All eyes in the sugar industry may be on the International Sweetener Symposium this week, but before producers prepared for the convention, they took the time to address lawmakers during a recent Farm Bill listening session in Minnesota.
“We’ve got the lowest cost food in the world and that benefits our economy and all of our people in America – all of our people,” said lender Howard Olsen. “A strong farm safety net, and a strong crop insurance program, are key components of keeping that low-cost food.”
Olsen works for AgCountry Farm Credit Services in Fargo, North Dakota. He was one of many local farm leaders who addressed the U.S. House Committee on Agriculture during a hearing in Morgan, Minnesota, on Aug. 3, which lasted more than 2 hours.
Brent Davidson, a farmer and chairman of the Minn-Dak Farmers Cooperative, a sugarbeet processing plant owned by 488 families growing beets on 100,000 acres, agreed. He said good trade agreements and maintaining a strong sugar policy are vital for the local community and the rural economy.
Sugar policy is designed to operate without taxpayer cost, but the loans it provides for sugar producers are essential to cash flow for operations and to help insulate domestic growers from the market-distorting subsidies of foreign countries.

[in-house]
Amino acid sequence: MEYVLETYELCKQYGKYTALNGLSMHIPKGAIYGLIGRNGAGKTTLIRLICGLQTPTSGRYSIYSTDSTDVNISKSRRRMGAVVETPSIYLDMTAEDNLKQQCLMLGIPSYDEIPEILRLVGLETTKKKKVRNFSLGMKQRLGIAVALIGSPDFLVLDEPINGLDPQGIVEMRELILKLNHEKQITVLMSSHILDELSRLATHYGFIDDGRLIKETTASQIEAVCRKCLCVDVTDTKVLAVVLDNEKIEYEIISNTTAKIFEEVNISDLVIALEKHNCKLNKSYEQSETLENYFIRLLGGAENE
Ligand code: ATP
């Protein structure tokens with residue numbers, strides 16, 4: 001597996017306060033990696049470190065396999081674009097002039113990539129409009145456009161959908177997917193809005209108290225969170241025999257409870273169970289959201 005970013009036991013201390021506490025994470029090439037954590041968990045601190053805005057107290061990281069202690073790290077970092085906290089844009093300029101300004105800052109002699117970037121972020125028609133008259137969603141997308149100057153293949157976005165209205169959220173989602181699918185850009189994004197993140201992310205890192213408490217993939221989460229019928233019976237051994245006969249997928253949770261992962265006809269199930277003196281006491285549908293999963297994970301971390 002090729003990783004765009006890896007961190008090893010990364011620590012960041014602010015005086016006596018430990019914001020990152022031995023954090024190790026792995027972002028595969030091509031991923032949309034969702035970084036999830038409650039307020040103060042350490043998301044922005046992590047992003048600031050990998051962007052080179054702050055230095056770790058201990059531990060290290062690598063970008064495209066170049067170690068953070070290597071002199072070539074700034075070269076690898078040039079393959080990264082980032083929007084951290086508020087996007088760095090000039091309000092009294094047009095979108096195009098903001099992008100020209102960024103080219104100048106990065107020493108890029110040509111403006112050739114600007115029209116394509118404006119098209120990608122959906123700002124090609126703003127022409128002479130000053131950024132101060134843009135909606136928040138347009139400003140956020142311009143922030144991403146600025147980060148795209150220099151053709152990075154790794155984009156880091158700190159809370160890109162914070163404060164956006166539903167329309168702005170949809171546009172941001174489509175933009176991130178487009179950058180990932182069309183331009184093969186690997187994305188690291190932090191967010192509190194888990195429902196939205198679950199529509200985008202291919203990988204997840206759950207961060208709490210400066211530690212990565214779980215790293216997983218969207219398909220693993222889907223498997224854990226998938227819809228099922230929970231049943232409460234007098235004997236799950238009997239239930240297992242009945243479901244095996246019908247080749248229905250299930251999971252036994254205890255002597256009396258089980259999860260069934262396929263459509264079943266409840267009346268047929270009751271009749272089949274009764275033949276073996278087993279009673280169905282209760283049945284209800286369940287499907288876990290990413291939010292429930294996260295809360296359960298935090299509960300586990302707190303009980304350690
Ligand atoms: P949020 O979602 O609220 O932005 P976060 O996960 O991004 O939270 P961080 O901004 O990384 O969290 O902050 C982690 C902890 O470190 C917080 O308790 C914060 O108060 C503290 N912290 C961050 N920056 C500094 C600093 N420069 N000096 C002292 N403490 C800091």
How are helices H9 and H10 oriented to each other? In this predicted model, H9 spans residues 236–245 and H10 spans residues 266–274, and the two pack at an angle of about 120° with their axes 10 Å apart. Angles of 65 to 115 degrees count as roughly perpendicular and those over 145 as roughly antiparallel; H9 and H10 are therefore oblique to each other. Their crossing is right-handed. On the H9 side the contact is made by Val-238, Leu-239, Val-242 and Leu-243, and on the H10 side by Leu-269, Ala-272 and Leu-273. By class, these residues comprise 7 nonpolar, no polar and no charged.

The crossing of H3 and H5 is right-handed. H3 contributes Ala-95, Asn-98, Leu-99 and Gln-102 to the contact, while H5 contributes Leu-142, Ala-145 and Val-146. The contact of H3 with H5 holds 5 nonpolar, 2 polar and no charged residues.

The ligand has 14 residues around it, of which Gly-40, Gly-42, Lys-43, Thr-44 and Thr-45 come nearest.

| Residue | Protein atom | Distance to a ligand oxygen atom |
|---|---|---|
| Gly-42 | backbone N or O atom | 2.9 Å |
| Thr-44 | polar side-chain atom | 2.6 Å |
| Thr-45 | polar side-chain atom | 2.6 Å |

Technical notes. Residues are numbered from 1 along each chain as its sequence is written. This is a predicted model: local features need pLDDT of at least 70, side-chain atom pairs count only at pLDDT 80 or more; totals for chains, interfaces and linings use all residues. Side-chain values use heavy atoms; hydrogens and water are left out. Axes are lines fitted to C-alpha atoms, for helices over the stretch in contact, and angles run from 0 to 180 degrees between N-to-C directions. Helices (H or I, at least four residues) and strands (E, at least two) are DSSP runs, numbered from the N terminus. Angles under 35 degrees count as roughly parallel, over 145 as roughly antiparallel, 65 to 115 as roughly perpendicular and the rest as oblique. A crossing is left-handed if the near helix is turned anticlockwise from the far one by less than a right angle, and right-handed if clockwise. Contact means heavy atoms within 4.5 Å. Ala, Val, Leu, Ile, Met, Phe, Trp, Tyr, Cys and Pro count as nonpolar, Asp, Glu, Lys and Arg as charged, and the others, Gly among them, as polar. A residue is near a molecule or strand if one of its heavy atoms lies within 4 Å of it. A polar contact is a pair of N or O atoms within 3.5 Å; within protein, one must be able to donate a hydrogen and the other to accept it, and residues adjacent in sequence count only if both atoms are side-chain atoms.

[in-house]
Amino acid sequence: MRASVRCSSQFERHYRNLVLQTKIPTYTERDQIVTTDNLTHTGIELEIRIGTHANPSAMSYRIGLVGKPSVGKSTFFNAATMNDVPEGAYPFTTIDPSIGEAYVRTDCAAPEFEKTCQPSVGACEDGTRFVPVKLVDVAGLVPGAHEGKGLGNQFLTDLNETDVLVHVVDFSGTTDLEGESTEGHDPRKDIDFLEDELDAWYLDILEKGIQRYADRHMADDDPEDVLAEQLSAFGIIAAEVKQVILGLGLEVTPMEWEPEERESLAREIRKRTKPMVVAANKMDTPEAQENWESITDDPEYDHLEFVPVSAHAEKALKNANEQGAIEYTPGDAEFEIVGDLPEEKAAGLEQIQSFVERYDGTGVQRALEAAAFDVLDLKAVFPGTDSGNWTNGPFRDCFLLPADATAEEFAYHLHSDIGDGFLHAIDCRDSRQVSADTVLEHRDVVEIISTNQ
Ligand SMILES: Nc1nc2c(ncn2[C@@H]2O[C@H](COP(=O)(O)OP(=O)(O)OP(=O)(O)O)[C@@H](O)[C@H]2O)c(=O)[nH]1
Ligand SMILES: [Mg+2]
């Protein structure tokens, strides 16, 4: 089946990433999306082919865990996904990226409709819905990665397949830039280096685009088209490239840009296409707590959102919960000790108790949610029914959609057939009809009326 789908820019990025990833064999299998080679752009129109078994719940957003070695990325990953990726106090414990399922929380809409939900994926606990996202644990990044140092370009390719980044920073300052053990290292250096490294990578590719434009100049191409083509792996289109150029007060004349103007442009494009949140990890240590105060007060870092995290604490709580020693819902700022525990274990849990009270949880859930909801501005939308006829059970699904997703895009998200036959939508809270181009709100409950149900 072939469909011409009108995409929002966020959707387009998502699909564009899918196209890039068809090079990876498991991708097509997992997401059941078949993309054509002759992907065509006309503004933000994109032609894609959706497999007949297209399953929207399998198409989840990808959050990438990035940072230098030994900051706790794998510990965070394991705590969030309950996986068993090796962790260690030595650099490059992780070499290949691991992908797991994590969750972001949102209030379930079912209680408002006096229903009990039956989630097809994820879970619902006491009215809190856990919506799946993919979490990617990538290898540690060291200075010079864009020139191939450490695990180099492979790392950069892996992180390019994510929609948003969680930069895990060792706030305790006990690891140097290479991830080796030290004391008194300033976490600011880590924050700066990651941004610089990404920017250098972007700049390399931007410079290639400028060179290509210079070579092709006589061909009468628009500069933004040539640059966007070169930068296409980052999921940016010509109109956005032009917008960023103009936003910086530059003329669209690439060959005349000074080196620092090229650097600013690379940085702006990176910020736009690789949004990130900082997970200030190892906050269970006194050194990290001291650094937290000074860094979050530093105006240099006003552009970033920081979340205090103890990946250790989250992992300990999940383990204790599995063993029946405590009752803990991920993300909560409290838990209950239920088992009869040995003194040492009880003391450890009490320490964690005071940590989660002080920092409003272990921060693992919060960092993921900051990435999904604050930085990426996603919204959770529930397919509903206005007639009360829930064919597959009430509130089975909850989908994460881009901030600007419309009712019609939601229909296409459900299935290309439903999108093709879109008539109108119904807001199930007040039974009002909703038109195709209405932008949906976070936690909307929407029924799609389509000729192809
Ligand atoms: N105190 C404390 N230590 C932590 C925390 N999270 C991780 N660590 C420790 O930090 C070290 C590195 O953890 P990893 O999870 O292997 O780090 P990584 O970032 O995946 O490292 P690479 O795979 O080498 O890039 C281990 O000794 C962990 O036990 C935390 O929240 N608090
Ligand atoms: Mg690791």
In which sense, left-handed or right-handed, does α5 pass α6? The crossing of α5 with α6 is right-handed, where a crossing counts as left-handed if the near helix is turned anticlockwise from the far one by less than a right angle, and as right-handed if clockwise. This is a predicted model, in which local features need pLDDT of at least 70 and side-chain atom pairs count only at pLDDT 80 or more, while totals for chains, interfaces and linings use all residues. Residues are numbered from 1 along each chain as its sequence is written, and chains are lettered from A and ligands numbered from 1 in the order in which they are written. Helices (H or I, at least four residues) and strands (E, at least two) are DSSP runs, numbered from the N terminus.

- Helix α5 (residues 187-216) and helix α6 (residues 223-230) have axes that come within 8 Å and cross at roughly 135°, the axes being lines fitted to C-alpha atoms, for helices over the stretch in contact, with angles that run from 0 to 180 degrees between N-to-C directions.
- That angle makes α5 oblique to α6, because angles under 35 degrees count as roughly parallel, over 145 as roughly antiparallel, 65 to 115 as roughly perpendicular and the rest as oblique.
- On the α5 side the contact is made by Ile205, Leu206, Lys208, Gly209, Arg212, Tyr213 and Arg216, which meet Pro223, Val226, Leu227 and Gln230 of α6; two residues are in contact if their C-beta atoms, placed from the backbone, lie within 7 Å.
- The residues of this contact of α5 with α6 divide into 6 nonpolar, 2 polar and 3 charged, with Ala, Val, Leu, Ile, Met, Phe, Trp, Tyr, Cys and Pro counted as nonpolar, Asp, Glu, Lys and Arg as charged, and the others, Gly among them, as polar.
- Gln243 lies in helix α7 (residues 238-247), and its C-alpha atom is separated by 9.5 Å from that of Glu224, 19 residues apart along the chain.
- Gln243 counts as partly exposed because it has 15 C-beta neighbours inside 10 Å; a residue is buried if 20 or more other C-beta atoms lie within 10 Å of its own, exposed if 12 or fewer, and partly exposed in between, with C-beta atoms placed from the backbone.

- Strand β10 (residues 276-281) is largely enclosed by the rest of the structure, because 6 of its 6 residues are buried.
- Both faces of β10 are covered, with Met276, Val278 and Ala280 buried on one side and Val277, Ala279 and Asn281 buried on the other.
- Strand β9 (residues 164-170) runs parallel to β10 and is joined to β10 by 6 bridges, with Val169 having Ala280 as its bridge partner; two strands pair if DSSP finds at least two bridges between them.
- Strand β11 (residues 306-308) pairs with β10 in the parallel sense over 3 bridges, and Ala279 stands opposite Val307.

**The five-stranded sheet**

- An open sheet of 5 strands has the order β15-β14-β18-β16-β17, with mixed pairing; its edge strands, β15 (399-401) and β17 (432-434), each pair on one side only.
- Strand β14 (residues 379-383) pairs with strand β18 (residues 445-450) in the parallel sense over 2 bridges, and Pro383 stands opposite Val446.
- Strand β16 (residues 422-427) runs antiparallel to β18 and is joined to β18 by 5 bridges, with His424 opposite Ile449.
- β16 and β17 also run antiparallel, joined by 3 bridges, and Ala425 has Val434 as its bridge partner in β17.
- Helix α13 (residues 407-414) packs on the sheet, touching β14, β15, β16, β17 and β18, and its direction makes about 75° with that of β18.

Robert Green, who farms sugarbeets, wheat, soybeans and dry beans near St. Thomas, North Dakota, told lawmakers that local producers were nearly devastated after Mexico illegally dumped highly subsidized sugar on the market and depressed prices.
“Our growers cannot survive at this level,” said Green, who also serves as chairman of American Crystal Sugar Company, the largest beet sugar cooperative in the U.S. with around 3,000 farmer shareholders and 2,000 employees.
He praised Commerce Secretary Wilbur Ross and Agriculture Secretary Sonny Perdue, and the Agriculture Committee, for negotiating a deal to bring Mexico into compliance with U.S. trade law and stop the flood of subsidized sugar.
“We ask that this committee continue to express to the administration the importance of monitoring and enforcing those agreements,” he said. “With an annual economic impact of $5 billion, sugarbeet growing and processing is the lifeblood of the Red River Valley. I am a fourth-generation farmer and I am hopeful that with amended suspension agreements, and a strong sugar [policy]…that my children and grandchildren will have a future growing sugarbeets and an opportunity to continue the proud tradition of American Crystal.”
Kyle Petersen of the Southern Minnesota Beet Sugar Cooperative used his time to explain to lawmakers the importance of policies like crop insurance that help with farming’s unique risks. The co-op is comprised of more than 500 farm families.
“Farmers borrow more in one year to produce a crop than most Americans do a in lifetime,” he said. “Our growers, and our bankers, need strong risk management tools like crop insurance that are essential in order to secure operating loans to grow our crop.”
Petersen said more frequent and intense weather patterns, rising interest rates and production costs along with lower commodity prices, have increased risks and decreased incomes.
This, he concluded, necessitates a strong Farm Bill and a strong sugar policy.